Where huge companies failed, ProGuard managed to engineer a liquid version of the popular singly ply roofing material, EPDM. But what exactly is Liquid EPDM and why does its chemistry matter?
Hal, the inventor of Liquid Rubber know's EPDM's chemistry inside and out. And it's this deep understanding that meant he saw an opportunity when others didn't. But why pour years of research into turning singly ply EPDM into a liquid, when there's others on the market?
How EPDM rubber beats other roofing materials
- Great UV stability, meaning EPDM doesn't enbrittle with years of exposure under the sun
- Hydrophobic, giving intense waterproofing protection, unlike breathable coatings like silicone
- Elastomeric (containing polymers with viscoelasticity, having both viscosity and elasticity)
- Crosslinkable, meaning it reacts chemically to increase molecular weight
- Heat resistant, so remains flexible in extreme temperatures
- Great chemical and salt resistance
- Withstands ponding water 365 days a year
- Better weatherproofing than Nitrile, butyl, Isoprene, acrylic and other rubber compositions
But why make it into a liquid rubber?
- Easier application. A coating means no cutting to size or messing around with adhesives
- Seamless protection, meaning no joints or seams that act as vulnerabilities
- Versatile coating, able to coat corrugated or uneven surfaces that would be a nightmare with single ply
- Great adhesion to almost any surface, and can be combined with ProFlex primer on porous surfaces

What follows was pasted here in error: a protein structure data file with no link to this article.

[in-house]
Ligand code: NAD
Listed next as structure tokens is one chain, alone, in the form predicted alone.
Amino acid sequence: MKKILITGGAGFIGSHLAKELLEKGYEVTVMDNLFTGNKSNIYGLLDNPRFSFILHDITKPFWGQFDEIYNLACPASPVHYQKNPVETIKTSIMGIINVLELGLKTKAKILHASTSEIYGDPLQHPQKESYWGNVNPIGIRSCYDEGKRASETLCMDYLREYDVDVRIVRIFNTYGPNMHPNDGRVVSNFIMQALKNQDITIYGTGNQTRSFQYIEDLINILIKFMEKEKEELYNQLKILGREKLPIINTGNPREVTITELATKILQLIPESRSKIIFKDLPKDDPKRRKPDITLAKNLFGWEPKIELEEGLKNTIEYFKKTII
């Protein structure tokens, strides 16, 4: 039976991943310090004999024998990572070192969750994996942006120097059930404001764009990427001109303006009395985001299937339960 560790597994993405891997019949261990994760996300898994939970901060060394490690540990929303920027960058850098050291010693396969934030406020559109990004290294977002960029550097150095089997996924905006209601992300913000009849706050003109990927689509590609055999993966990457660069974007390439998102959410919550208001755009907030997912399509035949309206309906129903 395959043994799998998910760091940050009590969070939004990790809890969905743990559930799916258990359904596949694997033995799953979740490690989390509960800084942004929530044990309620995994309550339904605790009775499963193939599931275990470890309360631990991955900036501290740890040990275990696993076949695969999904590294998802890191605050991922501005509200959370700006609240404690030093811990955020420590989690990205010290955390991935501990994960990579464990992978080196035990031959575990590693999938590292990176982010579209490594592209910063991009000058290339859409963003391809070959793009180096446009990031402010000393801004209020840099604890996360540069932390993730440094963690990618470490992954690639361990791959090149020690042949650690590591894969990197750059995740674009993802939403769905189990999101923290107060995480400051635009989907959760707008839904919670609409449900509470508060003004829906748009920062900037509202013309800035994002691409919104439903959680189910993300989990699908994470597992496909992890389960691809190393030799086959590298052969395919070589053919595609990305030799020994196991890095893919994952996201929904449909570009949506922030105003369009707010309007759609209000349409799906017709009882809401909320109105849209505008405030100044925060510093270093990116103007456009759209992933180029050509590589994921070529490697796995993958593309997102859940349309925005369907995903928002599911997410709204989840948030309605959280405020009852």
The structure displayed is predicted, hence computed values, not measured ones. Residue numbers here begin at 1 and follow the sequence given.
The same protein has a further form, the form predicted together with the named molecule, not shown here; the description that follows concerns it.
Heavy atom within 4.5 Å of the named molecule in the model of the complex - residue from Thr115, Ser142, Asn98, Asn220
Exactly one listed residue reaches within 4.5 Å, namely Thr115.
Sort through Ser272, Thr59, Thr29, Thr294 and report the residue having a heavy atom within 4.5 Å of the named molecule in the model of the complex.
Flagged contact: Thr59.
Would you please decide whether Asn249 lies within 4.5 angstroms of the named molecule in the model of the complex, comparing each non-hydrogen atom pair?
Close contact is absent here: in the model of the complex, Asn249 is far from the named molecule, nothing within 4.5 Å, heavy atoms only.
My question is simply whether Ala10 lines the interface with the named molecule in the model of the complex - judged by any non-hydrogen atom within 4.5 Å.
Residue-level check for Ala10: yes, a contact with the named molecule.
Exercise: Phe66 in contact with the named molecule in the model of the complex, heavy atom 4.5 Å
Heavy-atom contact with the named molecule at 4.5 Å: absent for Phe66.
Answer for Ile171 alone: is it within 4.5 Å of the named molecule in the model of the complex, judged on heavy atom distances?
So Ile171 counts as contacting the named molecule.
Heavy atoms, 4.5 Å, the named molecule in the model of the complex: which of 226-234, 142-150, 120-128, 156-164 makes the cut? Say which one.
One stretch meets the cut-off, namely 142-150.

EPDM Chemistry: The birth of an effective roof sealant
EPDM stands for Ethylene, Propylene and Dicylopentadiene. These are the building blocks that make it a popular weatherproofer. Turn it into a liquid, and then we've got all those benefits with the added advantage of a coating. Easy. Except one problem.
EPDM rubber sheets need to be moulded into shape, requiring high temperatures. But when you're up a roof you're unlikely to have a portable furnace with you, so how do we turn the liquid into a solid?
Hal recreated the required effect by altering the chemistry of EPDM, enabling the use of a catalyst that kickstarted the cure process. This meant Liquid Rubber EPDM could be kept in the tin for a long time, then mixed with the catalyst when about to be applied.
This was achieved through 'crosslinking', as Hal explains...
"Free radicals resulting from the decomposition of a peroxide cause crosslinking to take place at the DCPD sites.
The rate, at which the peroxide decomposes, therefore, determines the rate at which the system will cure.
This rate is determined by temperature and the availability of oxygen.
The cure mechanism in EPDM Liquid Rubber will vary from active to inactive, determined by temperature.
Faster cures and slow cures over extended periods of time result in identical physical properties."
Liquid Rubber EPDM Cure and application characteristics
- Slow cure gives outstanding surface wetting properties
- Liquid Rubber does not fill cracks or crevices but will leave an even film that penetrates even the smallest surface irregularities
- If EPDM is applied over porous surfaces, pinholes appear on the surface as the material slowly displaces the air in the substrate-- Use ProFlex Primer to avoid this
- Liquid Rubber is hydrophobic in its liquid and cured state, so can withstand water immersion at any stage of the cure cycle
- EPDM Liquid Rubber requires oxygen to cure, so can't cure in between two impervious surfaces
- There is sufficient oxygen available on most surfaces to initiate cure from the bottom, so long as Liquid Rubber is applied at the correct thickness